What to Do When Your SaaS Product is Flagged as Malware by Antivirus Software: Tips and Tricks for Developers


How to deal with false positive malware detection in our SaaS product?

We are developing a SaaS product that uses an obfuscator and an automatic updater to protect our code and deliver updates. Recently, our antivirus software detected some of our files as trojan malware, even though they were not malicious. We checked the files on VirusTotal and found that some other antivirus companies also flagged them as harmful. Our co-developer said that this was due to the obfuscator and the updater making the files look suspicious, but we are not sure if this is the case. We are worried that this will affect our reputation and our ability to monetize and distribute our product. How can we prevent or resolve this issue? What are the best practices for updating and obfuscating our software without triggering false positive alerts? How can we get our product whitelisted by the antivirus companies?


False positive malware detection is a common problem for software developers, especially for those who use obfuscation and automatic updating techniques to protect their code and deliver updates. Obfuscation is the process of transforming the source code into a form that is difficult to read and understand by humans and machines, while preserving its functionality. Automatic updating is the process of checking and installing the latest version of the software from a server, without requiring user intervention. Both techniques are useful for preventing reverse engineering, piracy, and tampering of the software, but they also have some drawbacks.

One of the drawbacks is that obfuscation and automatic updating can make the software look suspicious to antivirus software, which may detect some of the files as trojan malware. Trojan malware is a type of malicious software that disguises itself as a legitimate program, but performs harmful actions on the user’s system, such as stealing data, installing backdoors, or deleting files. Antivirus software uses various methods to identify and block trojan malware, such as signature-based scanning, heuristic analysis, and machine learning. However, these methods are not perfect, and sometimes they can generate false positives, meaning that they flag benign files as malicious.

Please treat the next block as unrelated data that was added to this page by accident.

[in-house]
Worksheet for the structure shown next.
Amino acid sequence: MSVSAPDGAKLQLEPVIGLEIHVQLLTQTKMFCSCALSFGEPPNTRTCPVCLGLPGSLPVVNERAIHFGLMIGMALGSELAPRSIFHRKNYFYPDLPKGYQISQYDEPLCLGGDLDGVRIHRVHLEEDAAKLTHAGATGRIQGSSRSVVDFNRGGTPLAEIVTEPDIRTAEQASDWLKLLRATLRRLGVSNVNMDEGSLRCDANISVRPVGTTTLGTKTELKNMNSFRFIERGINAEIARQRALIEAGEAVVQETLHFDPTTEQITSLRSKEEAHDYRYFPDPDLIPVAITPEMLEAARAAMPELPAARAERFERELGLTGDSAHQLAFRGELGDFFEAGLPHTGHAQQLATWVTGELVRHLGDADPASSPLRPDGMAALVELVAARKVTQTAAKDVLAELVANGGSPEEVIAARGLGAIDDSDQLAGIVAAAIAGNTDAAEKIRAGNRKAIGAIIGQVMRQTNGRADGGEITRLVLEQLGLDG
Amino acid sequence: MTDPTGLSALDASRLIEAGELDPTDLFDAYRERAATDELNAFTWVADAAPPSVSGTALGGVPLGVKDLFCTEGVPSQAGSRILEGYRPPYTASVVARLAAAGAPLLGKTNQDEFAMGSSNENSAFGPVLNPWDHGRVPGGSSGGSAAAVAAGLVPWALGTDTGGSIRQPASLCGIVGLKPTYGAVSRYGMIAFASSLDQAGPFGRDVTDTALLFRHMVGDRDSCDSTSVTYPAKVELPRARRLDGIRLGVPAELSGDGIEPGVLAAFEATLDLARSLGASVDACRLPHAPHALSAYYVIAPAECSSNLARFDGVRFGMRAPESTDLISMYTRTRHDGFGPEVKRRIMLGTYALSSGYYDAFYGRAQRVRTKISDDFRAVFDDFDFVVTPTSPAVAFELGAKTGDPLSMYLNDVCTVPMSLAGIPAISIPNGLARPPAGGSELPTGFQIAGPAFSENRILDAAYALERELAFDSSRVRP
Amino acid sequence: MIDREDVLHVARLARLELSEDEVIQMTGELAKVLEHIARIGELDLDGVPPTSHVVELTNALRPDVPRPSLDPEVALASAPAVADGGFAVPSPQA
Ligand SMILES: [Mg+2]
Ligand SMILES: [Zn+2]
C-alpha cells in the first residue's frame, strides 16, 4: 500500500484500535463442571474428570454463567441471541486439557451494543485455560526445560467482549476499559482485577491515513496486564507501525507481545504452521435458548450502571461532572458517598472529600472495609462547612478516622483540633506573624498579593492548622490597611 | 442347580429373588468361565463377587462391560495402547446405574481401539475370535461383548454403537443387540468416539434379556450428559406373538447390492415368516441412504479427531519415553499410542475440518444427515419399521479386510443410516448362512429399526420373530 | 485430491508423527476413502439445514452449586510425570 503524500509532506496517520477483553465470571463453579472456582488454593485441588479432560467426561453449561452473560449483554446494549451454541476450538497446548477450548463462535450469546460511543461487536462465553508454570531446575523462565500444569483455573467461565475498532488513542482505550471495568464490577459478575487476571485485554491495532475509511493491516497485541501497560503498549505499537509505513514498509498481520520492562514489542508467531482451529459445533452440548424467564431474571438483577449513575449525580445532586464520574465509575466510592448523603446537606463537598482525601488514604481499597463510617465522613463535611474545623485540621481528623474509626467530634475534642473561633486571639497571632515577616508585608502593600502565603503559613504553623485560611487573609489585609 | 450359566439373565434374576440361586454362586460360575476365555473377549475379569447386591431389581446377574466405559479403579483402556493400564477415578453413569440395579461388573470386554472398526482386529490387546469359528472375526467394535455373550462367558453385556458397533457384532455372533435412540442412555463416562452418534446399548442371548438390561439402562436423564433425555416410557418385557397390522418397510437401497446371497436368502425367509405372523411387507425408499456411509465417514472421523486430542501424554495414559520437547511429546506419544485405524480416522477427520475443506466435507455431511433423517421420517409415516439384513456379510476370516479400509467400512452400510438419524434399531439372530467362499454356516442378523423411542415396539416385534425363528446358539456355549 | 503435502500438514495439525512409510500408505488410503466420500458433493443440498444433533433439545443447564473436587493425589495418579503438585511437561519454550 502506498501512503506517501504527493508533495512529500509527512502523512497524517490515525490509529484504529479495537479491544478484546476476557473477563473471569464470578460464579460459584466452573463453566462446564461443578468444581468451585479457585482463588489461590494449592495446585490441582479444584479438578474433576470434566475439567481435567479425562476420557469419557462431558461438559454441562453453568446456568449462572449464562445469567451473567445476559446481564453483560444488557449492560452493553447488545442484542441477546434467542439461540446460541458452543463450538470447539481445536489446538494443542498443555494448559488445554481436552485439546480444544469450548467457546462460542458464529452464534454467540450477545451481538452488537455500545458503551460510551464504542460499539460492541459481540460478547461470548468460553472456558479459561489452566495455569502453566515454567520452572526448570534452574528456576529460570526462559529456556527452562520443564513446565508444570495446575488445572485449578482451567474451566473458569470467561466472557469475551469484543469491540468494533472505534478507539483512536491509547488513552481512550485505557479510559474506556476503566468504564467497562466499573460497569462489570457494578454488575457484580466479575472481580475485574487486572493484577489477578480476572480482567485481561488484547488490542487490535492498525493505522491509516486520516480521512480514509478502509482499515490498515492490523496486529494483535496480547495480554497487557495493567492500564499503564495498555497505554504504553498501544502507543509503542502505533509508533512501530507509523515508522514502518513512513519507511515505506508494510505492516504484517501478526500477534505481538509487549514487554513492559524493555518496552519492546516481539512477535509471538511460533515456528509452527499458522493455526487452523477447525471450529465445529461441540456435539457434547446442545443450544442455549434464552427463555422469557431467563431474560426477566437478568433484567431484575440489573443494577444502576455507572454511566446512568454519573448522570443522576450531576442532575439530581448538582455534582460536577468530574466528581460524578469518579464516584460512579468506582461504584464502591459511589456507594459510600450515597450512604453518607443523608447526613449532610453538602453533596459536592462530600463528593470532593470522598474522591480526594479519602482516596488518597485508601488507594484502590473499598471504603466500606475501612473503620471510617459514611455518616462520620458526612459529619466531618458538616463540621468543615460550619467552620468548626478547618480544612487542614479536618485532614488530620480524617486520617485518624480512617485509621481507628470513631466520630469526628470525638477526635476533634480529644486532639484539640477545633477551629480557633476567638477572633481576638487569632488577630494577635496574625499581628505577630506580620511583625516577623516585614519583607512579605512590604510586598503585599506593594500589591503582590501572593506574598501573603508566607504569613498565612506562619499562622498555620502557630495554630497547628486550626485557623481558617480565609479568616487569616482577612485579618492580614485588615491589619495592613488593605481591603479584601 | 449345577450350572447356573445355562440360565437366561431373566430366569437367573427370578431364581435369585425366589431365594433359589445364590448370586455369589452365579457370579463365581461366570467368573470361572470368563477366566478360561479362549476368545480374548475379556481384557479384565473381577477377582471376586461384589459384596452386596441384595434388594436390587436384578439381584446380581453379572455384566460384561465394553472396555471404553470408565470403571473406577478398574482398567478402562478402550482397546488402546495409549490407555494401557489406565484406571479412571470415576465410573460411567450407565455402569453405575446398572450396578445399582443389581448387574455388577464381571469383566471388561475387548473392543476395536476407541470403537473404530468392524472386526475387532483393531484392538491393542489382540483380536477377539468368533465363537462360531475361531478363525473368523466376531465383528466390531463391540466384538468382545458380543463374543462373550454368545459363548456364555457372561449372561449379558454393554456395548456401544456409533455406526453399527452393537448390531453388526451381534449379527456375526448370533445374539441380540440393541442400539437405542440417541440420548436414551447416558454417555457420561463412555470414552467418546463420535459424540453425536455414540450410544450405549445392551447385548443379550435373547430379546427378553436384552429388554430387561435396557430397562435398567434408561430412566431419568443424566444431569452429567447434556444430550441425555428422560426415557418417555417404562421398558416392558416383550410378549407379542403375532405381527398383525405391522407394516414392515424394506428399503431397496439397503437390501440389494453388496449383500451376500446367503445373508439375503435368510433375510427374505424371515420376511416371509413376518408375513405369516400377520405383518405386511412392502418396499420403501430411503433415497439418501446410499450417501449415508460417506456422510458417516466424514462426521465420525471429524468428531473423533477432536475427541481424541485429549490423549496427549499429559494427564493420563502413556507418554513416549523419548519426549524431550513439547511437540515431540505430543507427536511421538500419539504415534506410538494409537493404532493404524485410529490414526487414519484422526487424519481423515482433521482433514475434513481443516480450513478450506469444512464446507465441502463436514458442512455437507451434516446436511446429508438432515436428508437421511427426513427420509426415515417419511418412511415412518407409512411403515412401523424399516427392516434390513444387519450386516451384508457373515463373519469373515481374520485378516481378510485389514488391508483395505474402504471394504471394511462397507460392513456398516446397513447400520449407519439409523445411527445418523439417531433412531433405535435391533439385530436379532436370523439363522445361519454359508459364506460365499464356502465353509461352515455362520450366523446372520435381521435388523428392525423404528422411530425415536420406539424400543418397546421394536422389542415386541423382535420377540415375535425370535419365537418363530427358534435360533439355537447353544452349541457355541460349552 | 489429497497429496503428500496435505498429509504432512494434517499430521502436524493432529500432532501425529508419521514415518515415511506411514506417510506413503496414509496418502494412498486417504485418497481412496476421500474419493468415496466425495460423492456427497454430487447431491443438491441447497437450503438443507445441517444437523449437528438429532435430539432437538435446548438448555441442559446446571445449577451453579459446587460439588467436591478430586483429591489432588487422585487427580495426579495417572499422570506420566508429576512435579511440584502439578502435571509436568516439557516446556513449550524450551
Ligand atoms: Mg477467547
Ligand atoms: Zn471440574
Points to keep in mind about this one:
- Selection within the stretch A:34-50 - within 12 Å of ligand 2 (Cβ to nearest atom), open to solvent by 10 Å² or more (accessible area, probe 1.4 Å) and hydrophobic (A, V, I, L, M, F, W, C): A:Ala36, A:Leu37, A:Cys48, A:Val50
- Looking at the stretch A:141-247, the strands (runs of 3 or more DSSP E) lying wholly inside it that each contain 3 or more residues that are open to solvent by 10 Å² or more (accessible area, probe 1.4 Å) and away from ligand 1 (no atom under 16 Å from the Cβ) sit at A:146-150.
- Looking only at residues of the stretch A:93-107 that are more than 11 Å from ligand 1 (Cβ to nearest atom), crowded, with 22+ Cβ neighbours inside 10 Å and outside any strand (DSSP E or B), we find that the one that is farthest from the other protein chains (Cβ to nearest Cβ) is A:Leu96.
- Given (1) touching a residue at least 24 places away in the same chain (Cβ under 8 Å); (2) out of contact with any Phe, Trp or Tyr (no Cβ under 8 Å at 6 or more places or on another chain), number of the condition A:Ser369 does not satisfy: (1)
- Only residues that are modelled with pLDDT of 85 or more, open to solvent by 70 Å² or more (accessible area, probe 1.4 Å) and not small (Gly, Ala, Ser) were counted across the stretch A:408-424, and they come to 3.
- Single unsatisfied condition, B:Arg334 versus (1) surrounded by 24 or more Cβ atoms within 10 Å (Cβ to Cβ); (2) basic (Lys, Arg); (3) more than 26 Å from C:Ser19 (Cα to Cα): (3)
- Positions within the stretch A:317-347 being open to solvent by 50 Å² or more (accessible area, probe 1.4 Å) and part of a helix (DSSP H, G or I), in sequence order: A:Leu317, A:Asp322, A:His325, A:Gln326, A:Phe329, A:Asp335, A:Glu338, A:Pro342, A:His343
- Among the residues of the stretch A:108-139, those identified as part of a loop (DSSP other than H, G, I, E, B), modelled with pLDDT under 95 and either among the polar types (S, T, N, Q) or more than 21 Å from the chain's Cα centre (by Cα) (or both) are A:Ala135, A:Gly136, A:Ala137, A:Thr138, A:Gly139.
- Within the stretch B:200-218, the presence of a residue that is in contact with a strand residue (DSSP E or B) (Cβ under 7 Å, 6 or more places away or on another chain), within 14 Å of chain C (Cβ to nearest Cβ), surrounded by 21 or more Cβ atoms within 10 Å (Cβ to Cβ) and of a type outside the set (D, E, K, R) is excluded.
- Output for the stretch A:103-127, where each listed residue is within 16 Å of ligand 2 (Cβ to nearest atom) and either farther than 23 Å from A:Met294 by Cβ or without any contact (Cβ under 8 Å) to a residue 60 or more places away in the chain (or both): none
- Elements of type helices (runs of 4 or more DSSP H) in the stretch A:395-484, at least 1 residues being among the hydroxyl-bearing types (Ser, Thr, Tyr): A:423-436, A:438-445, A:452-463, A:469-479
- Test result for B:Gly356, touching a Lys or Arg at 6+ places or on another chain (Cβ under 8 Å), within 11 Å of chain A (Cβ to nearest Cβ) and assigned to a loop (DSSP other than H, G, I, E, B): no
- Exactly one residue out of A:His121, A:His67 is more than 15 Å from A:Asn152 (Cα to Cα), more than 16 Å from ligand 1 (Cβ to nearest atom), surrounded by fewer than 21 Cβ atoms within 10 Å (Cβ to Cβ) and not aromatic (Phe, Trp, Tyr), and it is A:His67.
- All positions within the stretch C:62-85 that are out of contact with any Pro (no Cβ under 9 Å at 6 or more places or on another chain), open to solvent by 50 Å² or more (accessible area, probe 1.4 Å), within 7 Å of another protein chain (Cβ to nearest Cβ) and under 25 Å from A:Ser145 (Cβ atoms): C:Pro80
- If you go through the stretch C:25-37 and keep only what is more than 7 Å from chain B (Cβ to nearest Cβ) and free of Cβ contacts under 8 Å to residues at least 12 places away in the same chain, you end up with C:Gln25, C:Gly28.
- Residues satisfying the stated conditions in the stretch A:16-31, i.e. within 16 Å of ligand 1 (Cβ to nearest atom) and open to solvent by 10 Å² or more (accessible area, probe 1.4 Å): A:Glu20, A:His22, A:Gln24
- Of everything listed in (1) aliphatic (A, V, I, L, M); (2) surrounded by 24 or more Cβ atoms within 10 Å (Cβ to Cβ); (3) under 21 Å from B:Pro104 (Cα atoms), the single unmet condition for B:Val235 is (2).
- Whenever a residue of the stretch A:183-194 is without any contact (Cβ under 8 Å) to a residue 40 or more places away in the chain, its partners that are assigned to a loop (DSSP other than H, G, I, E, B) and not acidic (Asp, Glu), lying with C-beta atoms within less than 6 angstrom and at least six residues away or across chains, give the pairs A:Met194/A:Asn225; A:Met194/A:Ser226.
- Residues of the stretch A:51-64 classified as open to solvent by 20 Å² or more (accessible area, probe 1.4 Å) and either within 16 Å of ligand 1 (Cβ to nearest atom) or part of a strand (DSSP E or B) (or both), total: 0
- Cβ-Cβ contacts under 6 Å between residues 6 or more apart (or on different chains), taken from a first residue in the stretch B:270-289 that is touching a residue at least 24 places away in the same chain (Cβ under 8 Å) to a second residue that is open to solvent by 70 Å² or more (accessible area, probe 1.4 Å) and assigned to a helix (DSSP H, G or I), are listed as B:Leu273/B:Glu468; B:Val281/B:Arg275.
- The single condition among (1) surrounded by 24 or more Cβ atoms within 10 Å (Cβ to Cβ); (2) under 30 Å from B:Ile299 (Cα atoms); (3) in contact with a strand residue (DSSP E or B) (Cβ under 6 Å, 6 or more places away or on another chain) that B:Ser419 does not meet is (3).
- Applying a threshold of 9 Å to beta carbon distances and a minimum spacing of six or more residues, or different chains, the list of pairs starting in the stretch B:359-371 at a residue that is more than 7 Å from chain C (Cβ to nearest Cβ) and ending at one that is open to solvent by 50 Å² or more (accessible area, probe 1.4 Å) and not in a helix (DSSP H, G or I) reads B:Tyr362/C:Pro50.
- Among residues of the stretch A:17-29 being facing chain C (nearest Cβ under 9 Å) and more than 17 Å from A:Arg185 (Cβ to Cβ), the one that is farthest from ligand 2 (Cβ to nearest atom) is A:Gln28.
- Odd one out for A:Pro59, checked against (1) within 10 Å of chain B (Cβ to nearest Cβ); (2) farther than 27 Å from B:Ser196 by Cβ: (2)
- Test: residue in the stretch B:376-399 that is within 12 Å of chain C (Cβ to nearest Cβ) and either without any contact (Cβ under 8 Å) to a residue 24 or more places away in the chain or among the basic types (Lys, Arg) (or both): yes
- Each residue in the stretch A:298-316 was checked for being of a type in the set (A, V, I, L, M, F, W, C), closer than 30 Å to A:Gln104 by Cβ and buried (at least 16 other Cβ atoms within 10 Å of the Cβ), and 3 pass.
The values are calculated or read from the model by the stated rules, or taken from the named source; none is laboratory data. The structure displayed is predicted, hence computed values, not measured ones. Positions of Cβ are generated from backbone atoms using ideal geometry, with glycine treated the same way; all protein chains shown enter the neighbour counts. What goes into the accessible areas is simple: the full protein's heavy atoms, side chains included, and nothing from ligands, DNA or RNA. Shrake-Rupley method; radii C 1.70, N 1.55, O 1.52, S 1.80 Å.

False positive malware detection can have serious consequences for software developers and users. For developers, it can affect their reputation and their ability to monetize and distribute their product, as users may lose trust and confidence in the software, or may not be able to install or run it due to antivirus interference. For users, it can cause confusion, frustration, and anxiety, as they may not know whether the software is safe or not, or whether they should ignore or follow the antivirus warnings.

Therefore, it is important for software developers to prevent or resolve false positive malware detection in their SaaS product. Here are some possible solutions and best practices:

  • Get a digital signature for your software. A digital signature is a cryptographic mechanism that verifies the identity and integrity of the software. It consists of a certificate issued by a trusted authority, such as Microsoft or Verisign, and a signature generated by the developer using a private key. A digital signature can help antivirus software recognize your software as legitimate and trustworthy, and reduce the chances of false positive detection. However, getting a digital signature can be costly and time-consuming, and it may not guarantee that your software will be accepted by all antivirus software.
  • Contact the antivirus companies and request them to whitelist your software. Whitelisting is the process of adding your software to a list of trusted programs that are allowed to run on the user’s system, without being scanned or blocked by the antivirus software. Whitelisting can help you avoid false positive detection and ensure that your software can run smoothly and safely. However, contacting the antivirus companies can be challenging and tedious, as you may need to provide them with detailed information about your software, such as its name, version, description, purpose, and files. Moreover, you may need to repeat this process every time you update your software, as the antivirus software may not recognize the new version as the same program.
  • Improve your obfuscation and updating techniques. Obfuscation and updating techniques can be improved to make them less likely to trigger false positive detection by the antivirus software. For example, you can use more advanced and sophisticated obfuscation tools that can produce more natural and diverse code, rather than simple and repetitive code that can be easily detected by heuristic analysis. You can also use more secure and reliable updating methods that can prevent unauthorized or malicious modifications of your software, such as using encryption, authentication, and checksums. Furthermore, you can give the user more control and transparency over the updating process, such as allowing them to choose when and how to update the software, and informing them of the changes and the reasons for the update.
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positive malware detection is a frustrating and challenging problem for software developers and users, but it can be prevented or resolved by following some of the solutions and best practices mentioned above. By doing so, you can ensure that your SaaS product can run safely and smoothly, and that you can maintain your reputation and your ability to monetize and distribute your product.

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